Tag: Yorkshire

How to celebrate 125 years of Bram Stoker’s Gothic novel, Dracula, at Whitby Abbey

 A trip to Whitby to get into the Halloween spirit.

My visit was part of a wider itinerary to explore the Yorkshire Coast Route, a new route intended to showcase the off-season charms of the Yorkshire seaside.

The route spans 240 miles, taking in the North Yorks Moors National Park and walking routes off the Cleveland Way National Trail.

The highlight, however, is Whitby.

Gothic novel

The traditional Yorkshire fishing village of Whitby is bracing itself for a black-mascara influx this autumn, hosting events to celebrate the 125th anniversary of Bram Stoker’s novel, Dracula.

Published in 1897, Dracula was inspired by the seascape and atmospheric backstreets of Whitby with several key scenes set in the town.

The spindly ruins of Whitby Abbey [pictured above] remain the main draw, the Gothic-novel literati eagerly climbing the 199 steep, stone steps to soak up the abbey’s atmospheric setting. 

By the time Bram Stoker visited Whitby in August 1890, the abbey had long since adopted its eerily tumbledown form.

He drew on local legends, such as the wreck of a sailing vessel, The Demeter in the novel, and the folklore of the barghest, a wolf-like hound that stalked the moors.

These added local colour to the story of his Transylvanian anti-hero.

Hence, when Dracula is shipwrecked off Whitby, Stoker has him transform into a fierce black dog, leaping from the ship to bound up the cliffs to the abbey.

Victorian values

“Dracula’s animalistic representation of the occult loomed large in the Victorian imagination.”

“The beastly incarnation was both shocking, yet fascinating, to Victorian society,” says Mark Williamson, Site Manager for English Heritage.

Read the full story in i Travel, A Very Gothic Grand Tour.

More from https://www.english-heritage.org.uk/visit/places/whitby-abbey/things-to-do/

How to celebrate 100 years of afternoon teas at Bettys Cafe Tea Room, York

To York on the hottest day of the year for a magazine assignment for Immediate Media.

It was a special birthday party.

This year marks 100 years of Bettys Tea Room Cafe, a Yorkshire institution for its afternoon teas with a frisson of Swiss style.

Plus the fact it has done away with its possessive apostrophe.

The Swiss baker, Frederick Belmont, first founded the company in 1919, creating a niche in Yorkshire for high-quality cakes and pastries, served the old-fashioned way.

Today, the third generation of the family runs the business with two Bettys in York, including the Art Deco-style café at St Helen’s Square, plus the first café in Harrogate.

The company is hosting a series of events, and offering special souvenirs, as part of the year-long centenary celebration.

A recreation of one of Frederick’s famous cakes currently takes pride of place in Bettys front window [pictured above].

But the must–try treat is a Yorkshire Fat Rascal, Betty’s signature fruit scone, served warm with a pot of Taylors tea.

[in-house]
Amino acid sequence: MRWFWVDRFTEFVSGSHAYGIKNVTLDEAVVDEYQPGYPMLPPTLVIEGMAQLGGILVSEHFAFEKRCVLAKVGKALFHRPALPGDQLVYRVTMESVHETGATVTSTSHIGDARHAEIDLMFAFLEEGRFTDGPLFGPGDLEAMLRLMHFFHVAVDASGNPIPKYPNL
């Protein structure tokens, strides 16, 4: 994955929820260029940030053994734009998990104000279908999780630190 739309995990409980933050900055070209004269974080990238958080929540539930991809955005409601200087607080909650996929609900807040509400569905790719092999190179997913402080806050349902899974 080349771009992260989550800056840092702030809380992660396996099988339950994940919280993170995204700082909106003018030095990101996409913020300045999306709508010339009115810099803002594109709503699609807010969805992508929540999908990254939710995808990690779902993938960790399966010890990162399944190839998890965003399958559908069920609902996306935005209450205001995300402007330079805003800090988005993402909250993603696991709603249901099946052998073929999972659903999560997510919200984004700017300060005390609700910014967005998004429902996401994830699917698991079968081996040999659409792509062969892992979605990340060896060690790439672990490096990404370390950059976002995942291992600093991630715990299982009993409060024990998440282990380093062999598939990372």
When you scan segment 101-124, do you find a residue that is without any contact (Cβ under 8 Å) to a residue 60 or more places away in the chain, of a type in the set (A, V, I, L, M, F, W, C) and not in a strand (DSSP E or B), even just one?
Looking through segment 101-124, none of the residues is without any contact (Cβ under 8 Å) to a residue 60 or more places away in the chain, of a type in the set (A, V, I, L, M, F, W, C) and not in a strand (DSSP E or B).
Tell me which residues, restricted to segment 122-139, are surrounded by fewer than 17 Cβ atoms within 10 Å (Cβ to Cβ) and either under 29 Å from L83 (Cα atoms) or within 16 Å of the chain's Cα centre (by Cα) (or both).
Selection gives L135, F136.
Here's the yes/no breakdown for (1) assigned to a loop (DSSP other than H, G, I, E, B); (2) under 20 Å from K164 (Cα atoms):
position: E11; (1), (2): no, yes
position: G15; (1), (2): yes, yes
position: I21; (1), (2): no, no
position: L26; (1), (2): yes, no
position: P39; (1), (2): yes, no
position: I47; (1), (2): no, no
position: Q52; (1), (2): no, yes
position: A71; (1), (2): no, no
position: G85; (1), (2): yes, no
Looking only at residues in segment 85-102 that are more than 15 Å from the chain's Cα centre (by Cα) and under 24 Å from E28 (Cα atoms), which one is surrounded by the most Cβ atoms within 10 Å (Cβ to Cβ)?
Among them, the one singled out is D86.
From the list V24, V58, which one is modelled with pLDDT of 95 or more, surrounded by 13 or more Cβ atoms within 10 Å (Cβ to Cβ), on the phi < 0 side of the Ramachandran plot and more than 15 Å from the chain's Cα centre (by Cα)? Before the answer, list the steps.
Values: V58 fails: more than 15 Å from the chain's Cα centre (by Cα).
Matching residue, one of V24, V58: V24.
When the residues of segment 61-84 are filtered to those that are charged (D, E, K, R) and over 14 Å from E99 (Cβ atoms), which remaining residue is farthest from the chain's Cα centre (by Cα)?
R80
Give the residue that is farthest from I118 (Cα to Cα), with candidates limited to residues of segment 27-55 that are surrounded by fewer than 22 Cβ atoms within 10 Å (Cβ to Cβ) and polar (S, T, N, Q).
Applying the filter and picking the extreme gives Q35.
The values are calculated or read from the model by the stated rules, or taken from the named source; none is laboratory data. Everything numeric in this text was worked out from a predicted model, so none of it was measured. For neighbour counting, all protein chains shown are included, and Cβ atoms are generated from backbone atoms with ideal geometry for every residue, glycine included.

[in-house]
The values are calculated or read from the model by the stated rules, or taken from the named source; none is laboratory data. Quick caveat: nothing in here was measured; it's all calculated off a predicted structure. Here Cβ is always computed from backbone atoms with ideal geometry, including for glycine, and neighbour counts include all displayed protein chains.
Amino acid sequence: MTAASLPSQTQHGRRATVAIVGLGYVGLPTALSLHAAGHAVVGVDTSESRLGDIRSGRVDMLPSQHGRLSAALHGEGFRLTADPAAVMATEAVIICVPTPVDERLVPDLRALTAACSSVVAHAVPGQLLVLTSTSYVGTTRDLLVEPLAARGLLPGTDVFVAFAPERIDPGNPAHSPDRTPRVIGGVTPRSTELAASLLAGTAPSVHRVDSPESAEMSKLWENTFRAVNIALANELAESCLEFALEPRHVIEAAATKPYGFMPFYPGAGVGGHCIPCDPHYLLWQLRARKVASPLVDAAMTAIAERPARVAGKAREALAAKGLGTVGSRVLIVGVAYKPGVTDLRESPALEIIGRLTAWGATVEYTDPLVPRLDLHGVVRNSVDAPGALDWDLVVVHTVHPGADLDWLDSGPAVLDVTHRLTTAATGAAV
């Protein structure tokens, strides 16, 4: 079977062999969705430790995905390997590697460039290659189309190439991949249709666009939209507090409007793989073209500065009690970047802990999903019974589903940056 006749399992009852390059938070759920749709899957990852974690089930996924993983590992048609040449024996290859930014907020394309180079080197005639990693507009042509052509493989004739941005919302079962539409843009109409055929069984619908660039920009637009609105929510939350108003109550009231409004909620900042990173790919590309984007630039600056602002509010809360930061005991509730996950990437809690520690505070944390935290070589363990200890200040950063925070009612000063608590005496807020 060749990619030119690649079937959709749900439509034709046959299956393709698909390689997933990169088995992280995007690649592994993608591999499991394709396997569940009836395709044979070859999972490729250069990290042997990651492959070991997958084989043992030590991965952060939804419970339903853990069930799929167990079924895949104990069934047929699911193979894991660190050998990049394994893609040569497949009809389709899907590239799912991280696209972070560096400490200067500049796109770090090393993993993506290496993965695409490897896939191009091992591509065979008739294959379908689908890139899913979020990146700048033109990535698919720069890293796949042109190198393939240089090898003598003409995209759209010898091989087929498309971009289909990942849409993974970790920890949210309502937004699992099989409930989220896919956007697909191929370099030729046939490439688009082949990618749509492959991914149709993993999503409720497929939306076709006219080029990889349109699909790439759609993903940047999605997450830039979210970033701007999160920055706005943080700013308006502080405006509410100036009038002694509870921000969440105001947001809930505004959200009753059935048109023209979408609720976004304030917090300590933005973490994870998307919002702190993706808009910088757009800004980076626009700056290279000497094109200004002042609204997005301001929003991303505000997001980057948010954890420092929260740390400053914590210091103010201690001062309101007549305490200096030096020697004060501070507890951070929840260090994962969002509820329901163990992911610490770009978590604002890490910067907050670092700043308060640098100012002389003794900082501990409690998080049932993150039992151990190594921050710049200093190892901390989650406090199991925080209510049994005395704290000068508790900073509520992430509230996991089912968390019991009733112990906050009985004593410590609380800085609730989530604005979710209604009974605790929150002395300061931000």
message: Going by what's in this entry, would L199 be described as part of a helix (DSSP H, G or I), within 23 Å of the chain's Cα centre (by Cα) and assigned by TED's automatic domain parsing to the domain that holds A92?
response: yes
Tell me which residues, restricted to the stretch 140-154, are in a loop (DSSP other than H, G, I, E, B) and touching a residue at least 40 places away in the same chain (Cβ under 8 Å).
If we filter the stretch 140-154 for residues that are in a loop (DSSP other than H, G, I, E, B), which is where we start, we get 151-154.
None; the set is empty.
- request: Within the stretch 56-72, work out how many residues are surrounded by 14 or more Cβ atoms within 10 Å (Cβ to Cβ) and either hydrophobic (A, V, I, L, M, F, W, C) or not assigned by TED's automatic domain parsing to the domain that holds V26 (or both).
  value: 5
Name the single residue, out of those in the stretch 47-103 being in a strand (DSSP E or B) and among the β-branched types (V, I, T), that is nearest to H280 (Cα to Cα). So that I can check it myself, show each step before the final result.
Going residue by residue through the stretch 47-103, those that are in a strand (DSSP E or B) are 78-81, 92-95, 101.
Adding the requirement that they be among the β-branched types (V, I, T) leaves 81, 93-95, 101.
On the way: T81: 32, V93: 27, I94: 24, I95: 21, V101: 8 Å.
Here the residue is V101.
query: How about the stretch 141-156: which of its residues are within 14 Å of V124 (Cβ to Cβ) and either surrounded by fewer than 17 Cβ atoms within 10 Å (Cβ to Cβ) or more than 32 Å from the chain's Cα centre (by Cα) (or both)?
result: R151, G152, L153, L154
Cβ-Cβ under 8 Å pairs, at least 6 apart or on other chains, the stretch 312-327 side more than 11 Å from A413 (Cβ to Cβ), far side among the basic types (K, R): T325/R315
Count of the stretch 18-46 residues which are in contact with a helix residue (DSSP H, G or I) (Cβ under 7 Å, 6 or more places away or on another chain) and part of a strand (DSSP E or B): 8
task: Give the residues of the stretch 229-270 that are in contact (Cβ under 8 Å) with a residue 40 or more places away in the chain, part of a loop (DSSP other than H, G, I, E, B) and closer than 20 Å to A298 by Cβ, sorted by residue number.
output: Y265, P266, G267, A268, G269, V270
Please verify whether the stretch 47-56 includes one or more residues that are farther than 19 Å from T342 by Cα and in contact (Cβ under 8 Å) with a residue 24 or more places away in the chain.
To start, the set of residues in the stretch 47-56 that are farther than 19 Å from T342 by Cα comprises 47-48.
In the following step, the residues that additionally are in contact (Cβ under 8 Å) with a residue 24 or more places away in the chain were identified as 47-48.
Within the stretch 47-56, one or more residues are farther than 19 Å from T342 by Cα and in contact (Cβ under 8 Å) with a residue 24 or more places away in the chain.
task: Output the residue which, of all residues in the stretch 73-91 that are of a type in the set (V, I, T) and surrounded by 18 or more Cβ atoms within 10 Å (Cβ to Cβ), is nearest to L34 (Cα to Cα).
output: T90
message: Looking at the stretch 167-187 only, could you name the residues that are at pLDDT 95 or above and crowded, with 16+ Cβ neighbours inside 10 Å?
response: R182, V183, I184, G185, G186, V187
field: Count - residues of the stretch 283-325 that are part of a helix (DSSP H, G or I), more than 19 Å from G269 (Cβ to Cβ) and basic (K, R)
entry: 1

I combined afternoon tea with a visit to York Minster and stroll around the walls, the resulting city-break guide to York due out this winter — watch this space.

More: Visit York

To Hull and back on a culture quest


The taxi driver was unimpressed.

“It’s a fingers-crossed job,” he grunted.

He sprawled back in the driving seat and folded his arms at the lights, revealing a tattoo snaking down his fleshy forearm.

It read: “Blessed to be born in Yorkshire.”

“The problem is,” he added, “City of Culture only interests about two per cent of local people.”

Running late

Hull has a problem. It has been chosen as the UK City of Culture and the blue touch paper for the fireworks is due to be lit on January 1st.

But Hull clearly isn’t ready. The street works are causing chaos, the regeneration projects are running behind and the city suffers a major dearth of hotels rooms.

With an extra 1m visitors expected in the year ahead, the new Hilton hotel looks unlikely to be ready before September and a rumoured Radisson Blu hasn’t even broken ground yet.

Local people are either feeling frustrated, or completely disinterested.

After successful cultural-regeneration projects in Derry and previously Liverpool (as a European City of Culture), Hull is feeling the heat.

Weekend away

I came to Hull for a half-term break, introducing the girls to the city closely associated with the poet Philip Larkin [his statue at the train station pictured above].

Larkin described his home town:

This town has docks were channel boats come sidling; Tame water lanes, tall sheds, the traveller sees … His advent blurted to the morning shore — Arrivals, Departures (1954)

Today much of the industry is gone. The Fruit Market area of the old docklands is a work-in-progress building site with hipster hang-outs closing as fast as they open.

Only The Deep, the family-bustling aquarium with its perennially popular penguins, rises with any certainly above the shifting cityscape beyond the waterfront.

I want Hull to hit its stride. I plan to return with the right commission.

But, meanwhile, the taxi driver wasn’t holding his breath.

“When it happens,” he added, dropping us at the station for the journey home, ” then it will be more luck than planning.”

More: Hull City of Culture 2017

Story of the week: Last of the summer wine in Holmfirth, Yorkshire


A wintery Friday afternoon and Ashley Jackson is holding court.

In the upstairs office above his West Yorkshire gallery, the 68-year-old, Barnsley-born landscape artist is nursing a crystal tumbler of well-aged single malt.

In the background an array of photographs show him receiving his courtiers: Sarah Ferguson, Rudolf Giuliani and professional Yorkshireman Fred Trueman.

“The quarry and mill men started the creative tradition of Holmfirth,” he chuckles to himself.

“The town had poets, musicians and intellectuals long before Last of the Summer Wine arrived. I had a gallery in Holmfirth for many years BC – before Compo.”